Saturday, May 19, 2012


Comic art


Joe Bennett

Joe Kubert

Travis Kotzebue

Dick Giordano

David Finch

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Friday, May 18, 2012



Mt friend John Mark Reynolds said:
I also argue that Evangelicals are open to changing “dogma,” but not if the arguments heard are just a repeat of old failed arguments. The mind of the Church has been persuaded of certain things, such as two natures of Christ, but who would not wish to hear a new metaphor or new approach?

The main benefit of dogmas, the laws revealed or discovered about the supernatural world, is that it allows us to discover new truths. We do not repeat discussions over and over, but can move forward to see deeper depths in the unlimited nature of God. High fantasy eventually fails us in the wonder of His Being, but each generation can stretch forward a bit more.

Augustine to Dante marked improvements in our vision! Of course, we must digest what Dante said and nobody agrees with all of it.

Dogma is not mostly a fort to hide inside, but a home base for intellectual adventure. Perhaps, we are not always good at demonstrating the liberating nature of dogma.
I'll never forget the time I was teaching an adult Sunday School class and someone very much my senior stood up and said "God said so, I believe it, and that's that." He had no wish to explore, intellectually or otherwise. Now that is hiding in the fort of dogma! He, and so many like him, are afraid. They see a world that is not good and they want to hide in God's bosom. Admirable, but...

...We too often forget that no matter where we go, we are in God's bosom, He is just that big. Our fear is a lack of faith. Do bad things happen? Of course, but when they happen, they happen within God's bosom, and difficult as they are, they are part of God's plan. Christ's death, the ugliest point in history, was part of God's plan. Christ feared in Gethsemane but in the end....

We can do no less.

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Friday Humor

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Thursday, May 17, 2012


Christians Are Not Stupid

Peter Enns writes on Al Mohler:
Rev. Al Mohler holds strong views on the Bible, what it means to read it correctly, and how taking the Bible seriously requires one to reject evolution.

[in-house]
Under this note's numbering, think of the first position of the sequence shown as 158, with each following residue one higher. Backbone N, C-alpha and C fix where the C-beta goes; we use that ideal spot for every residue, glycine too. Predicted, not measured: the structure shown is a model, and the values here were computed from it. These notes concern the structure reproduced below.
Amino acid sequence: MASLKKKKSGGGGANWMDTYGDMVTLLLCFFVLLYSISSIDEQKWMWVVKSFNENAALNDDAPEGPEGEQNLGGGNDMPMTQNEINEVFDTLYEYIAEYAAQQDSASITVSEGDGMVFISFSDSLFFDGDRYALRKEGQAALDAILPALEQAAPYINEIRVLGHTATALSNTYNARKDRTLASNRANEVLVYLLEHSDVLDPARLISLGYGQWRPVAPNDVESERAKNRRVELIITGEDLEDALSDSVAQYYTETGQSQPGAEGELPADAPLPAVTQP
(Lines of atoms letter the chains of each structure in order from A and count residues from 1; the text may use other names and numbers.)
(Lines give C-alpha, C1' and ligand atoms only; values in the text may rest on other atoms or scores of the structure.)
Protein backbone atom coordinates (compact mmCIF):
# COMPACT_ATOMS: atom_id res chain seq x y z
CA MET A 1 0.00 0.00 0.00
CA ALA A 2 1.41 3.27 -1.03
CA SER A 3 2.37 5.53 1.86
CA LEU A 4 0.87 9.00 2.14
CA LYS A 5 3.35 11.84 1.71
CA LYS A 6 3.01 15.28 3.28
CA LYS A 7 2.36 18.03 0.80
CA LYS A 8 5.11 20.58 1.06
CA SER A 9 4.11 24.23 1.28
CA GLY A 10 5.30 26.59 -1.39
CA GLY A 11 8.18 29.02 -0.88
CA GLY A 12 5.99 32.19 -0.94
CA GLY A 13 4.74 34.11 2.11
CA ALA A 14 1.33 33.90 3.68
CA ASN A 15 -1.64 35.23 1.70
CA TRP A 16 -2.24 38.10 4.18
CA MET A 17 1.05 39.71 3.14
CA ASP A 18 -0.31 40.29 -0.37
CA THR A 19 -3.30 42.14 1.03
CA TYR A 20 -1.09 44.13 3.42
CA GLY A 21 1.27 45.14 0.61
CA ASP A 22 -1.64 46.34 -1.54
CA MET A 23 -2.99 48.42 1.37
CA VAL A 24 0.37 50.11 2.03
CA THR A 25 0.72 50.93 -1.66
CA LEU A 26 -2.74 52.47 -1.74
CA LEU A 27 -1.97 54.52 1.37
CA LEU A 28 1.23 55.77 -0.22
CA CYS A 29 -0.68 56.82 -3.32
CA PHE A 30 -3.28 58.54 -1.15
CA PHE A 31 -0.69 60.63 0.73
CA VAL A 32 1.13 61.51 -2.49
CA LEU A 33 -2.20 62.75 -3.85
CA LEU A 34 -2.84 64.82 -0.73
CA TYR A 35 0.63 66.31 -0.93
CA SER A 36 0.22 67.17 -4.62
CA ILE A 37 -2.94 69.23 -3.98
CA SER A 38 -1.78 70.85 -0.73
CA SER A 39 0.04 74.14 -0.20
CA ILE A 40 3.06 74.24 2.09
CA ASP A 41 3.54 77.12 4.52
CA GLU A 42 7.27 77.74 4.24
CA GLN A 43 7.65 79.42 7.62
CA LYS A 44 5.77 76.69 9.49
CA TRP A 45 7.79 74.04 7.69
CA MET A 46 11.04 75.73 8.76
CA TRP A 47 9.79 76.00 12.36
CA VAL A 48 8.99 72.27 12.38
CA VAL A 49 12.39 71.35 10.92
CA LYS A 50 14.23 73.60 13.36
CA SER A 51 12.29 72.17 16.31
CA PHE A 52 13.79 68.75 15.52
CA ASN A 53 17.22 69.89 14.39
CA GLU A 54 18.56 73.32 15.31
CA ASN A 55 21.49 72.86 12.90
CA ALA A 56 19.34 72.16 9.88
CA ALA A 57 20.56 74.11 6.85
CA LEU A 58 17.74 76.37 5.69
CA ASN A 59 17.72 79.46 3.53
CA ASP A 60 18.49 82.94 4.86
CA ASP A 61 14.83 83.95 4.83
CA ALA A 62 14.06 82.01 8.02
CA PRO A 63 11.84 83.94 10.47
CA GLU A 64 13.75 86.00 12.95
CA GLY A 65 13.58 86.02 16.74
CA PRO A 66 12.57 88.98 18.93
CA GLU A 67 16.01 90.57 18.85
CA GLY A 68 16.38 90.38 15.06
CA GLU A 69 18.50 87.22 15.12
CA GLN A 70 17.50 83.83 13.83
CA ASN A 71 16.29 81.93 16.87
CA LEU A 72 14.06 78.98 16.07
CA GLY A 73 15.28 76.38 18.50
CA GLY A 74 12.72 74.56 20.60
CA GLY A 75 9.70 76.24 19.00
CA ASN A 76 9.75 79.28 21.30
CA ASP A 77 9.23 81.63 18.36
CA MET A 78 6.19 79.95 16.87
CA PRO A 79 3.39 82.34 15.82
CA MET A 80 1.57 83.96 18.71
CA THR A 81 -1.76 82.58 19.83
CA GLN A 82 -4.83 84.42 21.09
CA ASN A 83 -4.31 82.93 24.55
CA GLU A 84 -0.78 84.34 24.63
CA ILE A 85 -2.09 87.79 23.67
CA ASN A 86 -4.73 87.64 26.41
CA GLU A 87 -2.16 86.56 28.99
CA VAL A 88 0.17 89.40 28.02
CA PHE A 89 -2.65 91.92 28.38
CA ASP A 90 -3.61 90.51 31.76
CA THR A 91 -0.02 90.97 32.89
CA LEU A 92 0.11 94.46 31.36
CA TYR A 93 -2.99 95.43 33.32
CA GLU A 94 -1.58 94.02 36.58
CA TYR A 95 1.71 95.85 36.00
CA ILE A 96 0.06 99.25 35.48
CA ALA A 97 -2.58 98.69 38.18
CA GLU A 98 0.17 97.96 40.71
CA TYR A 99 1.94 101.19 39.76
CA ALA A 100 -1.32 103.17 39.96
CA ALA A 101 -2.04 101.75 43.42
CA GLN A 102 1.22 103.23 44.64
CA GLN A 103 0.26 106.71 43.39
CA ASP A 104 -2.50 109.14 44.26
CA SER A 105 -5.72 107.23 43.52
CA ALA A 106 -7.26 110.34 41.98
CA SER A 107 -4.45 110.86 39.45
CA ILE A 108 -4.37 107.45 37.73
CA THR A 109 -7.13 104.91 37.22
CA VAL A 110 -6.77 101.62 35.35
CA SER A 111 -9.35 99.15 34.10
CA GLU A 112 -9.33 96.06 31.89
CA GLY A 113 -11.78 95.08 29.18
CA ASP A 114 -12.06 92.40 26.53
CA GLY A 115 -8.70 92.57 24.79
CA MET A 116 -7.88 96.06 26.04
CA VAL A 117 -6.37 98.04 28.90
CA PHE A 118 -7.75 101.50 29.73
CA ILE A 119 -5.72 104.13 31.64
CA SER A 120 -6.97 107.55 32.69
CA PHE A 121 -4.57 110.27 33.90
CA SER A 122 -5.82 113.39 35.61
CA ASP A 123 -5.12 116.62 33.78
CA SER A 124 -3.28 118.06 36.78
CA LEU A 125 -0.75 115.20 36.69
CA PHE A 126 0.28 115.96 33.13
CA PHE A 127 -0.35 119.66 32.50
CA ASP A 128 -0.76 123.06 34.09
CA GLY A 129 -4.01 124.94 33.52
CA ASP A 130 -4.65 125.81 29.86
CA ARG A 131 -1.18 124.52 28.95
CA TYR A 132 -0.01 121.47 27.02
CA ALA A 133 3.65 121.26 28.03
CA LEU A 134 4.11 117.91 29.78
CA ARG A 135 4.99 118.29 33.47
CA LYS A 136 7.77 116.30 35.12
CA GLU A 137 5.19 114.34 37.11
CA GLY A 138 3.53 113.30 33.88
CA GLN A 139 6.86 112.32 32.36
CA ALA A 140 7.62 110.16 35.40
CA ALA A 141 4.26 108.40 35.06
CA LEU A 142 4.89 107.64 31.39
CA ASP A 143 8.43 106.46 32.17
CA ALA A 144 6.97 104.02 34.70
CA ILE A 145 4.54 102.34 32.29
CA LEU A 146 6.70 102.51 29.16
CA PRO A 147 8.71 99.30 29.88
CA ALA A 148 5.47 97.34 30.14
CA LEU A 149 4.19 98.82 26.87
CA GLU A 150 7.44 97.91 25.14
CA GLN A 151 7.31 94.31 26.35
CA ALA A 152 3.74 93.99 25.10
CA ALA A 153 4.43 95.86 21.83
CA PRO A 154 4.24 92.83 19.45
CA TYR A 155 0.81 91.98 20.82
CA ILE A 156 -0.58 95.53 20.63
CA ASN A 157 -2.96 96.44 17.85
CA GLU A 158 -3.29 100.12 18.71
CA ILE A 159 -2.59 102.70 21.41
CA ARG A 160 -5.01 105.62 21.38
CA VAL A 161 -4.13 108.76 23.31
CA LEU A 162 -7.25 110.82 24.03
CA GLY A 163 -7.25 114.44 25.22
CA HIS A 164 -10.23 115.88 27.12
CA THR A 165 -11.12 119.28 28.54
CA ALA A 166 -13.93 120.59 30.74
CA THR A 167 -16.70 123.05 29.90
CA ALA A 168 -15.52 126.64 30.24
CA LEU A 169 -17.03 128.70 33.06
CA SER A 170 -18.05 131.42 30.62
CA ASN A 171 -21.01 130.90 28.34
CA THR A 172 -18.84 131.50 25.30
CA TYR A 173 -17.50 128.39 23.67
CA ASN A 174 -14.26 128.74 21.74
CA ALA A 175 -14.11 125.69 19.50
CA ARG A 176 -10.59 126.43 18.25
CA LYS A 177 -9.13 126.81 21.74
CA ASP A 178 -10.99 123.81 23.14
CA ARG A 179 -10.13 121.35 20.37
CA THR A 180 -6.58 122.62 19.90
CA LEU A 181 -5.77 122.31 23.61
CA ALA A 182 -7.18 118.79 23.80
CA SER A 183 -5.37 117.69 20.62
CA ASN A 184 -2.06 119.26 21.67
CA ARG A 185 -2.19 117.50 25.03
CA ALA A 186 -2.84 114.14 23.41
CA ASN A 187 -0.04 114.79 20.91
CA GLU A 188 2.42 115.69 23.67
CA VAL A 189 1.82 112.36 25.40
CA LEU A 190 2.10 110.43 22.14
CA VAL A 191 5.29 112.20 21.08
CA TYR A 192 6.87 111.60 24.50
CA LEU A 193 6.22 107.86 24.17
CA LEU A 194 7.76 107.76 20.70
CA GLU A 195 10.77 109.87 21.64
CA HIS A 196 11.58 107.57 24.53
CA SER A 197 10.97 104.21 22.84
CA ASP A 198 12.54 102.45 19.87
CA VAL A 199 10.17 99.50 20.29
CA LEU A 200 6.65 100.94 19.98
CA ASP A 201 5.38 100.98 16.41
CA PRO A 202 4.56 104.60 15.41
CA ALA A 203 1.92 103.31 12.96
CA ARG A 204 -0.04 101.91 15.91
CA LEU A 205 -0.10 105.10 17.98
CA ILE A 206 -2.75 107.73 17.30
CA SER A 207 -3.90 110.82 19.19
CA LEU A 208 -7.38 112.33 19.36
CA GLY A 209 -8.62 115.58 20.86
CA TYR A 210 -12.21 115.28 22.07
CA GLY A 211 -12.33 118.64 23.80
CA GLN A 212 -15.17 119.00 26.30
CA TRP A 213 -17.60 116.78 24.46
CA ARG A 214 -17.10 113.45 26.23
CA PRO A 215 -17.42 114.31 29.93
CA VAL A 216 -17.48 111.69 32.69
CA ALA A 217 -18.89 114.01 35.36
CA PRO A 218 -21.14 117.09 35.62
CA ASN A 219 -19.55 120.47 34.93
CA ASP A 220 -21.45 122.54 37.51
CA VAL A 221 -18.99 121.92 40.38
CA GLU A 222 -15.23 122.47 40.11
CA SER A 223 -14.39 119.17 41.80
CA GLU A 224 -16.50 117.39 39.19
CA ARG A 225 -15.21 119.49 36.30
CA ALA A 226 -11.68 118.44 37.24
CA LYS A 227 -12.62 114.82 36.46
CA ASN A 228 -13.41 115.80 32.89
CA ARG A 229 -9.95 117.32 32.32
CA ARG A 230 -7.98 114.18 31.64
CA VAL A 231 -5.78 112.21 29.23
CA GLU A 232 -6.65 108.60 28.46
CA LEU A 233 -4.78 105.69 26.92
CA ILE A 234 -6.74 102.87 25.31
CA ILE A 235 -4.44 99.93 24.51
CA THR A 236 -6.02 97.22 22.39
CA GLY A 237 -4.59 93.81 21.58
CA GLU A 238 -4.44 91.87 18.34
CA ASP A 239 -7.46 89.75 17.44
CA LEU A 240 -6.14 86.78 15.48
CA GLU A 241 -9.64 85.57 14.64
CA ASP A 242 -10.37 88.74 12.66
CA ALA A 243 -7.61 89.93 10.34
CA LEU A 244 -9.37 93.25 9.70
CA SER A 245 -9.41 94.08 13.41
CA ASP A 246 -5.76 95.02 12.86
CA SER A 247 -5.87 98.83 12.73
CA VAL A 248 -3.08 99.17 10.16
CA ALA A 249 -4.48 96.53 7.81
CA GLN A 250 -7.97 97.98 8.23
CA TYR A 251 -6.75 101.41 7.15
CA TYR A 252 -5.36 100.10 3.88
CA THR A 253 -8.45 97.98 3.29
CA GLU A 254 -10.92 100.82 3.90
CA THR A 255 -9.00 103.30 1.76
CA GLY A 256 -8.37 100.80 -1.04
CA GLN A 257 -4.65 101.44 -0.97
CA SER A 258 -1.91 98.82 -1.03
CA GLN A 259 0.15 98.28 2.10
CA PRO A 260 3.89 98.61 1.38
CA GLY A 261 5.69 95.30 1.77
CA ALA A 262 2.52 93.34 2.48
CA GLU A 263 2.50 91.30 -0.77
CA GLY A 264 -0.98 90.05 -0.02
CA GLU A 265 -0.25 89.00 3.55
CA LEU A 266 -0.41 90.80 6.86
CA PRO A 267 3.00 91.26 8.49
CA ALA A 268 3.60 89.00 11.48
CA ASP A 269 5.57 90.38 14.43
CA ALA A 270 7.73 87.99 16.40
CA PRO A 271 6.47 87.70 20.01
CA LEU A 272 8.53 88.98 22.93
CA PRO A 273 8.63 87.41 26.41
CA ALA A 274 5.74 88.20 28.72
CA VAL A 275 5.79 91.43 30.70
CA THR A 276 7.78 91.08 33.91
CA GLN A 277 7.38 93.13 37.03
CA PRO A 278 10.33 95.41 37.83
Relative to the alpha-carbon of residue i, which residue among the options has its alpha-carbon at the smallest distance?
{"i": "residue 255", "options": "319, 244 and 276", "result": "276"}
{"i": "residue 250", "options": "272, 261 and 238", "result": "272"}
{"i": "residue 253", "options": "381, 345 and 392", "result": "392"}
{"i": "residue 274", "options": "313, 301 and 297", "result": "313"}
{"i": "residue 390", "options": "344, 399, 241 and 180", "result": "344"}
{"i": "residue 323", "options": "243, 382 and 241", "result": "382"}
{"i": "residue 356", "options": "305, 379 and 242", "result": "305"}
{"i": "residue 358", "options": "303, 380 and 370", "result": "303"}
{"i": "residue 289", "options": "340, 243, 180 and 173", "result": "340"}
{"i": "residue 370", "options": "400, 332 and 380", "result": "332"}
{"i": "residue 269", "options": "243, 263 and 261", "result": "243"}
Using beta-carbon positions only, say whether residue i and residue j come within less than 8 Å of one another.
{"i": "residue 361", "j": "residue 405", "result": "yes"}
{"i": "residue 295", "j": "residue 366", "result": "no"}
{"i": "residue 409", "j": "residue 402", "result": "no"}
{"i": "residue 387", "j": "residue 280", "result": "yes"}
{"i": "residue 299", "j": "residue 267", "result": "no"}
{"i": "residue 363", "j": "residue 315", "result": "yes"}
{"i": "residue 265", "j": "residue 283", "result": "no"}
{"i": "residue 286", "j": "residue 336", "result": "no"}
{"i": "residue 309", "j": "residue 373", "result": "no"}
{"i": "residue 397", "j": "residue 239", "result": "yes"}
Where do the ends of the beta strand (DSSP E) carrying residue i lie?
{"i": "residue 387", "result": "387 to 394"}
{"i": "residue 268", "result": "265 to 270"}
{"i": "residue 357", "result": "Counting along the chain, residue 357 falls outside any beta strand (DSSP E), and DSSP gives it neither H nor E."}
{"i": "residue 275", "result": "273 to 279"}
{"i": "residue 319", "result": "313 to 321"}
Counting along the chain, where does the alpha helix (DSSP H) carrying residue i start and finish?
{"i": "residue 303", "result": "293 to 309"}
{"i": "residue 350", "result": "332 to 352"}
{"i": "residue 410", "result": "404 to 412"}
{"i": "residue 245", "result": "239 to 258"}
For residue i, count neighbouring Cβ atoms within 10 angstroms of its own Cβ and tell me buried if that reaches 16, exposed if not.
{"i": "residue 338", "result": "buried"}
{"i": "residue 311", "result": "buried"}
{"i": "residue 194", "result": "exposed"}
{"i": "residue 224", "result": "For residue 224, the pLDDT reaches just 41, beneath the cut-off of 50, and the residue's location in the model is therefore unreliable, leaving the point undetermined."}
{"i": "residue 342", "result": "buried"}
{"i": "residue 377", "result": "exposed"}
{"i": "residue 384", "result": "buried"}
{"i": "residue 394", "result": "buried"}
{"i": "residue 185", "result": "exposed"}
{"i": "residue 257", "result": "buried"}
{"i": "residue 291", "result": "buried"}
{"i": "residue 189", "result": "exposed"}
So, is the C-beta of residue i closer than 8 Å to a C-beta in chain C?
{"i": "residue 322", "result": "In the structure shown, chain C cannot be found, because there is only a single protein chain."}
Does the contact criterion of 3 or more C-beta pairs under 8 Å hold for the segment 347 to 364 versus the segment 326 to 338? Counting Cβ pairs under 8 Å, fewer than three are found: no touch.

Prior to reading this, I knew that Mohler was pretty fundamental in his views, but I had not idea he was a young earth creationist. WOW! Said Enns:
Mohler’s rhetoric is spiritually harmful because it is intellectually untenable.


These are Christians who at some point have felt a comfort in the simplicity and crystal clarity Mohler claims to offer, but have begun to see that their insulation from other perspectives has become spiritually debilitating.

These are people who know they are not serving God by remaining intellectually insulated, and that refusing to look afresh at their own theological systems when the need arises does not please the God of truth.

These are people who do not want to choose between a life of intellectual integrity and Christian faith.

And they do not need to.

Those in that predicament need to hear that there are many—many—thoughtful, mature, knowledgeable, committed Christians in the world, who work and think deeply in these very areas of Bible and science, and would quickly part company with Mohler’s point of view, without shredding the gospel in the process.
I like Enns formulation here, there is "comfort" in such simplicity. Once the commitment to Christ is made, it is indeed easier not to think than to engage.

But I keep returning to one undeniable fact. We are called to make people better. That is our ministry. Not just to salvation, but to be God's agents in improving people, not just out of poverty or want, but out of intellectual laziness.

The bottom line question is this - Does the church play to the lowest common denominator or does it attempt to move the definition of such higher?

A while back, I wrote this on my political blog:
“Amazing grace how sweet the sound that saved a wretch like me, I once was lost but now am found….”

But found for what? A man shipwrecked on a lifeless desert island can be “found” by the next guy to get shipwrecked. I guess it’s nice to have company while you die of starvation and thirst, but I cannot help but think there has to be more to this finding thing than just having company in our distress. Yet too often in Evangelical churches throughout America, the narrative they preach never extends beyond the simple salvation message. It never asks the question “Now what?”
Mohler appears to have answered the "Now What?" question with a stern command to "Don't ask." So what ask in the first place?

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Illuminated Scripture

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Wednesday, May 16, 2012


Extending Our Influence

Jonathon Leeman tries to say nice things about pastors, celebrity pastors in particular: